Inspector Clouseau is in charge of your country.

posted on May, 9 2012 @ 05:32 AM
Within the Socialist Party he's viewed as a consensus seeking moderate - much like Obama is by a lot of the Democratic base (although he still places much further to the left than Mr. Obama). I doubt he'll be able to get a lot of his program through, at least without significant cutbacks elsewhere in the budget. Most rich people will likely move abroad or just hide their income, so relying on them to finance his government is quite unlikely to work.

I am pleased by what seems to be a rejection of austerity, however. Whilst austerity would seem to make sense (there's a debt crisis, don't you know!) it also stifles growth. Implementing it maybe a year or so down the line once the Eurozone starts to have some real, solid growth again, and more graudally that at present will have more positive effects for the economy I feel.

posted on May, 9 2012 @ 05:42 AM
Something I am finding interesting as I discuss this with other North American peoples is that for a lot of them they find this election of a Socialist somewhat daring... some people cheering it as a "waking up" from Capitalism (that the US should follow suit). What they don't seem to be aware of is that they've been doing socialism for a long time- culturally the values have been socialist since the revolution, and the socialists have held the presidency not that long ago. The election of Sarcozy was interesting because it showed a possible change in the french culture happening- an awakening of a different sort.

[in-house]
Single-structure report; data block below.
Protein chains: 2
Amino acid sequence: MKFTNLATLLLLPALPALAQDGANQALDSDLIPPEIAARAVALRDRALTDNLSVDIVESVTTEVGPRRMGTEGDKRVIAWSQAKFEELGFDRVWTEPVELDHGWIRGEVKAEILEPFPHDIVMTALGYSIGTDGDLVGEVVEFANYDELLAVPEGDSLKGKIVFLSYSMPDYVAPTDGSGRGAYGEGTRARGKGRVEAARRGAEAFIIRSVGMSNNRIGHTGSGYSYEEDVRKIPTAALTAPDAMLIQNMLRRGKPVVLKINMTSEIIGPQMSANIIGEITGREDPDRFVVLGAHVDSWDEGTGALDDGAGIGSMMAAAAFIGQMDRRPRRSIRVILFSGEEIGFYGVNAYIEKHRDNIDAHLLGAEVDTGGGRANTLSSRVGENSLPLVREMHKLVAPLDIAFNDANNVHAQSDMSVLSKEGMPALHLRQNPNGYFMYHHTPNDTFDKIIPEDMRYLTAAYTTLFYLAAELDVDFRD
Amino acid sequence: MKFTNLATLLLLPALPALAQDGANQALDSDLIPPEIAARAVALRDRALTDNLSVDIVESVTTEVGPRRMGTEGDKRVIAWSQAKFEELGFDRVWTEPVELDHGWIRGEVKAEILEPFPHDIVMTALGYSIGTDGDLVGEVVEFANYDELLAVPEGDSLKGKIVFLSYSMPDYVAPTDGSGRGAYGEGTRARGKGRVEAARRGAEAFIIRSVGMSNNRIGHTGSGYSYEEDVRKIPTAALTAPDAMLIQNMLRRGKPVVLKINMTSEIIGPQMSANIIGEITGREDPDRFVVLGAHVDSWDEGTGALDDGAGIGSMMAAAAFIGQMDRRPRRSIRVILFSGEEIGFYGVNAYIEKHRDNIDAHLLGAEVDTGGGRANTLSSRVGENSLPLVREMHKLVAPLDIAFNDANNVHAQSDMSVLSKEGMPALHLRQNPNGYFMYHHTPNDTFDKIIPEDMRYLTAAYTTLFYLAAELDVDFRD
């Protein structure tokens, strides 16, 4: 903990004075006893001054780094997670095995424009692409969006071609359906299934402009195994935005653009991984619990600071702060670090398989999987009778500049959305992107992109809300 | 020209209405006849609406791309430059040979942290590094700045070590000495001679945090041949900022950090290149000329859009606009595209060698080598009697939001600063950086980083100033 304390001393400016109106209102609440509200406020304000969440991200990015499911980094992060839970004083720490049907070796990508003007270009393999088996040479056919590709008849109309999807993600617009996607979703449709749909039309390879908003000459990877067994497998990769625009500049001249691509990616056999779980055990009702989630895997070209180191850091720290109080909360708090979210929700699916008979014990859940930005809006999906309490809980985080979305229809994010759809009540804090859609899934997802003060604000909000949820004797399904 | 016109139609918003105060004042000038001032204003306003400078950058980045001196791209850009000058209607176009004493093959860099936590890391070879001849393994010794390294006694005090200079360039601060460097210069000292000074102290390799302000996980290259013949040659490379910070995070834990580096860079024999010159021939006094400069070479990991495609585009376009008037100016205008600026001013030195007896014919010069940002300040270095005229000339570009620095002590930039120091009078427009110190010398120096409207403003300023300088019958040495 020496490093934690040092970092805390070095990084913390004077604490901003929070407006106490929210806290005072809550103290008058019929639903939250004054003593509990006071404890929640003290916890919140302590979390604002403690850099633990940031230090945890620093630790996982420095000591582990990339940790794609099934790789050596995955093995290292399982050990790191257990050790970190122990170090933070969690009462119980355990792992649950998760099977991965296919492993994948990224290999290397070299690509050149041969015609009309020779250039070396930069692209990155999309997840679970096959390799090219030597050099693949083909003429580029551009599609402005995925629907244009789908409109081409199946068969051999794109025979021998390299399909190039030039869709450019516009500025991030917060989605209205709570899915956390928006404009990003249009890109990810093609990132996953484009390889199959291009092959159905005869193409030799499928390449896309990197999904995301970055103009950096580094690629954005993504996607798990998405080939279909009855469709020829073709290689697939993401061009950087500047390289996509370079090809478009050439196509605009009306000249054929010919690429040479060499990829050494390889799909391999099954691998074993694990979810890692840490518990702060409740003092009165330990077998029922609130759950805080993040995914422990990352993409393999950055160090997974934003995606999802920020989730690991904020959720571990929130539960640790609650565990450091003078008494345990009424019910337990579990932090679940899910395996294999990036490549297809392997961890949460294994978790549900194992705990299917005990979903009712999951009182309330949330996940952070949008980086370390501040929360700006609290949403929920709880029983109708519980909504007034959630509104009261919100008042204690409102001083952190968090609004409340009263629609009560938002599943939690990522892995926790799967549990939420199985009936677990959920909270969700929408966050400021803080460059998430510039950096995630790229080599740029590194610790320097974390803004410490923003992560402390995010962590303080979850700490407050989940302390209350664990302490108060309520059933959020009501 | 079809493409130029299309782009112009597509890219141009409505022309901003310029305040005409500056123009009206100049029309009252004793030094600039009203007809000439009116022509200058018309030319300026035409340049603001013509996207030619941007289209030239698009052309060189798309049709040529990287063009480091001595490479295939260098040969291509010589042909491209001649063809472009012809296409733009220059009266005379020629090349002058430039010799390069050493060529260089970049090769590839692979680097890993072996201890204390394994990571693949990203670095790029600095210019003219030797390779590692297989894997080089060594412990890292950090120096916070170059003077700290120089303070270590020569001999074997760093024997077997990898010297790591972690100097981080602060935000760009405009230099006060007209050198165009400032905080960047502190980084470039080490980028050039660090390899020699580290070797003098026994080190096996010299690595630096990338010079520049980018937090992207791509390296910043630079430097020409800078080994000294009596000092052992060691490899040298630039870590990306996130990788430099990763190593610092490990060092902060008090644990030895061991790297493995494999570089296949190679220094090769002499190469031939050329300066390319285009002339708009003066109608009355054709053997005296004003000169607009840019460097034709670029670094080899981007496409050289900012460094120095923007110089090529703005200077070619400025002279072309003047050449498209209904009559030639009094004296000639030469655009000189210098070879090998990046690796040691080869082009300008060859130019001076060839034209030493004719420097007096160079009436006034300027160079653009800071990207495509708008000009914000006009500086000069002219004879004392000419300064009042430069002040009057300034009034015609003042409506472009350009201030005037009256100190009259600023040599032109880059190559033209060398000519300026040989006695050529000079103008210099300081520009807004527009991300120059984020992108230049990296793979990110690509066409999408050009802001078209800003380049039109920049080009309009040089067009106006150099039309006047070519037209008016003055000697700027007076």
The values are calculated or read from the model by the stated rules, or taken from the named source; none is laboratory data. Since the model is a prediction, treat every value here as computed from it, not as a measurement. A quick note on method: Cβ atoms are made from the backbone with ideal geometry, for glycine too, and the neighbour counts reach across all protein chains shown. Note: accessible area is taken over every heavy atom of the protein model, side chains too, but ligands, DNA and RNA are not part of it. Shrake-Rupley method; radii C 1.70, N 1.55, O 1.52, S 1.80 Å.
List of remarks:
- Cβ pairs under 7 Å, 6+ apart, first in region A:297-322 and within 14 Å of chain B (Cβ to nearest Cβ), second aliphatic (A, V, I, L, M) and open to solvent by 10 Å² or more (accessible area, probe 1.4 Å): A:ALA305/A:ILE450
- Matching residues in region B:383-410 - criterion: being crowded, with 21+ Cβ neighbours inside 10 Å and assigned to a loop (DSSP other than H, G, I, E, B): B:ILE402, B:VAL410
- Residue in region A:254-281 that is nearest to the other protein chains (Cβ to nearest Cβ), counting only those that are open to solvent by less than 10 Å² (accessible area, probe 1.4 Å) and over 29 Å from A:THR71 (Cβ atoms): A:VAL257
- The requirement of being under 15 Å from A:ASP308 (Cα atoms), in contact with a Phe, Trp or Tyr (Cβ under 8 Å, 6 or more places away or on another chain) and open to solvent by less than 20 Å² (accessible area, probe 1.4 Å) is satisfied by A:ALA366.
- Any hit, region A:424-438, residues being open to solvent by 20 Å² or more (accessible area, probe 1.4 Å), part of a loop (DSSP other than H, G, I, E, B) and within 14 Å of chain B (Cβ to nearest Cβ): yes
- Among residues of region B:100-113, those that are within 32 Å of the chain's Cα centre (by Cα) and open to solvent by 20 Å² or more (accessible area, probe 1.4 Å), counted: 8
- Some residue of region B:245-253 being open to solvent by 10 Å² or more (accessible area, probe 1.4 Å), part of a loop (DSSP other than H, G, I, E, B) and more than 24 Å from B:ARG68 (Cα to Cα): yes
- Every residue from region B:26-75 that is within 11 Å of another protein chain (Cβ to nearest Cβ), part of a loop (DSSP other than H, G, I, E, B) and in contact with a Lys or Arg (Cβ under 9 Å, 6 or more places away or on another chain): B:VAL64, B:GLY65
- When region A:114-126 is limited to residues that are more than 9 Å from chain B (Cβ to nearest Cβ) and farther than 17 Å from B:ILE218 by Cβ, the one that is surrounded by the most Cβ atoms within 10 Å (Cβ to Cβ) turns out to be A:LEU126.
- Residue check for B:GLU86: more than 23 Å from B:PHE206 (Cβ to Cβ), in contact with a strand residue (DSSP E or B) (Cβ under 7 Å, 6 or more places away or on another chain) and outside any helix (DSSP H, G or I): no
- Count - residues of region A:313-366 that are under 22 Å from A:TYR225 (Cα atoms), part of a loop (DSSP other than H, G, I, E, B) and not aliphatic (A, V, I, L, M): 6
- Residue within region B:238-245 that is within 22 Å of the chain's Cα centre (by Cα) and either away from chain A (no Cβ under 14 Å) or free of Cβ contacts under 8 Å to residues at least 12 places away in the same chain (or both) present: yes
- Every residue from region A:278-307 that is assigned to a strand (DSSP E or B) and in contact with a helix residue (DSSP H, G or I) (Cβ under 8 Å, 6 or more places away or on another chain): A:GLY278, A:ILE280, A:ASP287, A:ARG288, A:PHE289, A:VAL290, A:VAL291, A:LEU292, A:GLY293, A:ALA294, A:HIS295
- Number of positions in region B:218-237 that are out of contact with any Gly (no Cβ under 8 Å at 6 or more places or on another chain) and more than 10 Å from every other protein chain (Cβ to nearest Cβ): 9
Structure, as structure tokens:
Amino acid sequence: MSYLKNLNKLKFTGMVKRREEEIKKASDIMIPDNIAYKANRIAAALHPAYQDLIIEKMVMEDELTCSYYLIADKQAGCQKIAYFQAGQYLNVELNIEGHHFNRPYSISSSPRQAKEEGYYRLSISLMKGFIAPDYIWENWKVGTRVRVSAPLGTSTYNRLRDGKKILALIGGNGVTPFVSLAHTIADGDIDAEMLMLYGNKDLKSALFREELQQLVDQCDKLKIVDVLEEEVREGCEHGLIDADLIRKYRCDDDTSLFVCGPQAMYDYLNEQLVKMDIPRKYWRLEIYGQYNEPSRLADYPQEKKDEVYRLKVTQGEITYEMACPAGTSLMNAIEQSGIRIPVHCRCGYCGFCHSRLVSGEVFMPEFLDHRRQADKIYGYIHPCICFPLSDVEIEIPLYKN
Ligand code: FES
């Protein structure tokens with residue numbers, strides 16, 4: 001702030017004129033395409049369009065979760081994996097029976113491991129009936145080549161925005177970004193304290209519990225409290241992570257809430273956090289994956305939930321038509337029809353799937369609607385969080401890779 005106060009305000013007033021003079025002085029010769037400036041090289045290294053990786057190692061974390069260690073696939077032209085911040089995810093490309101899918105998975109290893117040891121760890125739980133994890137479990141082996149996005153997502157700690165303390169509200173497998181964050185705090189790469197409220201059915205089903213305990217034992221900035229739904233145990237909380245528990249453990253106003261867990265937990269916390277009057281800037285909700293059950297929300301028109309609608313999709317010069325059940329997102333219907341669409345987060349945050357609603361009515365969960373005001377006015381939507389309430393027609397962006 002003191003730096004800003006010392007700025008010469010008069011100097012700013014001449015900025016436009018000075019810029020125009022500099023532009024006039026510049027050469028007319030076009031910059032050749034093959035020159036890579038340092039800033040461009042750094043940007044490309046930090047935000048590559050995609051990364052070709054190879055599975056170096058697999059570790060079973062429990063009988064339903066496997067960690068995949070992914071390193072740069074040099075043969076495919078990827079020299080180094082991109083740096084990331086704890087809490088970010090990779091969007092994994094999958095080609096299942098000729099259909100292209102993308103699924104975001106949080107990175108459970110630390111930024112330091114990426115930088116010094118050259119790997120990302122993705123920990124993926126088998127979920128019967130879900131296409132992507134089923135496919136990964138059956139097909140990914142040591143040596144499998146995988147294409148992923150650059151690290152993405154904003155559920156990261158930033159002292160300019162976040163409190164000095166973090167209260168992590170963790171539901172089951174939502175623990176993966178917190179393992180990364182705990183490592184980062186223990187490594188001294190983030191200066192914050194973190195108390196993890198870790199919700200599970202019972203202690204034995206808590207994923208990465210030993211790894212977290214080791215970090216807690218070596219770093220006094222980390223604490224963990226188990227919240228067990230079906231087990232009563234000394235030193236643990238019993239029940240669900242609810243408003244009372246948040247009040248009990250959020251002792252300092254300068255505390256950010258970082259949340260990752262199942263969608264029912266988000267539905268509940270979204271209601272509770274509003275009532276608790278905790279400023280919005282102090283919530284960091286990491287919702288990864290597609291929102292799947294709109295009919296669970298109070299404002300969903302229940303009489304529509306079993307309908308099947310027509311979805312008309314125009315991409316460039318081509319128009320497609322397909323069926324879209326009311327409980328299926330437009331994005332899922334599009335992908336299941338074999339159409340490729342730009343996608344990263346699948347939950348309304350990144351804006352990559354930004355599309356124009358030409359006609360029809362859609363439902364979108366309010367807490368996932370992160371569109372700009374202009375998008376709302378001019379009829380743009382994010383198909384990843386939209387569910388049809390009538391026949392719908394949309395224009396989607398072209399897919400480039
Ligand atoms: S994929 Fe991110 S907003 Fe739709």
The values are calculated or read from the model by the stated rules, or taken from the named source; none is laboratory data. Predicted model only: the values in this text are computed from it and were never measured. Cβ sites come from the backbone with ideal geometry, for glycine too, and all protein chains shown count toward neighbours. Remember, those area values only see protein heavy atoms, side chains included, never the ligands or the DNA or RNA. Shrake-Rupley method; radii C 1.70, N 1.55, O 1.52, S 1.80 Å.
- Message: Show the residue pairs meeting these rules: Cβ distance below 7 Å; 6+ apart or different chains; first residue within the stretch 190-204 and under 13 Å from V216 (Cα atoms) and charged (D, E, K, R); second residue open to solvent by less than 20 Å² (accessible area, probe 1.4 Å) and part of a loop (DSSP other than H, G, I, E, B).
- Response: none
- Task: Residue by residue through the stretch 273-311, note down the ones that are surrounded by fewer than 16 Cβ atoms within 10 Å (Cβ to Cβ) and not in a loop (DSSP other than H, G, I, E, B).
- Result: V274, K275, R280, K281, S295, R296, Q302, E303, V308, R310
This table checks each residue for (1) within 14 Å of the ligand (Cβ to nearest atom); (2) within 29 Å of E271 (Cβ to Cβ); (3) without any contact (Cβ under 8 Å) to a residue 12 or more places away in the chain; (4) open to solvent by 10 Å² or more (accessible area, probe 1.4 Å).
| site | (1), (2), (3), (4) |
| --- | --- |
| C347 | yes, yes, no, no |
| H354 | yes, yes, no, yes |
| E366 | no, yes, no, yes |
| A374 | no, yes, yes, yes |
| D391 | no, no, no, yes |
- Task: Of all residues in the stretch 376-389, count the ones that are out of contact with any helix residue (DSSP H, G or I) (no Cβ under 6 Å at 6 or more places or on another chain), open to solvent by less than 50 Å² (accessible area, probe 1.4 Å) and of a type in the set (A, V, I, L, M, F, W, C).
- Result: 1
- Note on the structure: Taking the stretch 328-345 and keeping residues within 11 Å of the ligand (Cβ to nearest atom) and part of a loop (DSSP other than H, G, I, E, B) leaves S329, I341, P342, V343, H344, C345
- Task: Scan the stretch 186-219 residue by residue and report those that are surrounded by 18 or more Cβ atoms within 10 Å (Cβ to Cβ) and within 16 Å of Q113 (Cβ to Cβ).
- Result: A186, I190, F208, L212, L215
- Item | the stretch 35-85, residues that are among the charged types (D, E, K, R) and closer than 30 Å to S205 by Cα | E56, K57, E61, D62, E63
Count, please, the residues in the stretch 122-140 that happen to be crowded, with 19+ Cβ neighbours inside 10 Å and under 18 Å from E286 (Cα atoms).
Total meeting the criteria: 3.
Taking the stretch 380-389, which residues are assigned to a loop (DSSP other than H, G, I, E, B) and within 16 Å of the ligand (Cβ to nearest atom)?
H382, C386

So I see this is as a flee backwards into same ole, same ole.... not a daring move to try out something different.

posted on May, 9 2012 @ 05:44 AM
Funny how socialists always mention how much the rich make but hardly ever how much they gave to society.

posted on May, 9 2012 @ 05:46 AM

Originally posted by tothetenthpower
Right, but I call him center Right

The list in the link explains why he cant possibly be center-right. It lists dozens of things a center-right would never do. You calling him center-right does not make it so.

posted on May, 9 2012 @ 09:23 PM
A European economy built on a house of cards. To much credit, for an easy fix just and some zero and you have more money backed by nothing. Currency becomes worthless each passing day. The cost is passed to the little people at the bottom in the form of inflation thanks to artificially created money. As it begins to collapse, the people at the bottom will reach out for relief in any form. Greece brings Nazis into parliament and France the socialist. They get the vote because the elected officials claim they will take the money from the rich. The wealthy are the job creators and the government is the leaches. It is sad how the average person is duped into believing exactly what the government wants them to believe. I am sorry that I have come to the realization the exact same thing is happening in the United States. I am afraid of what will happen in the next decade.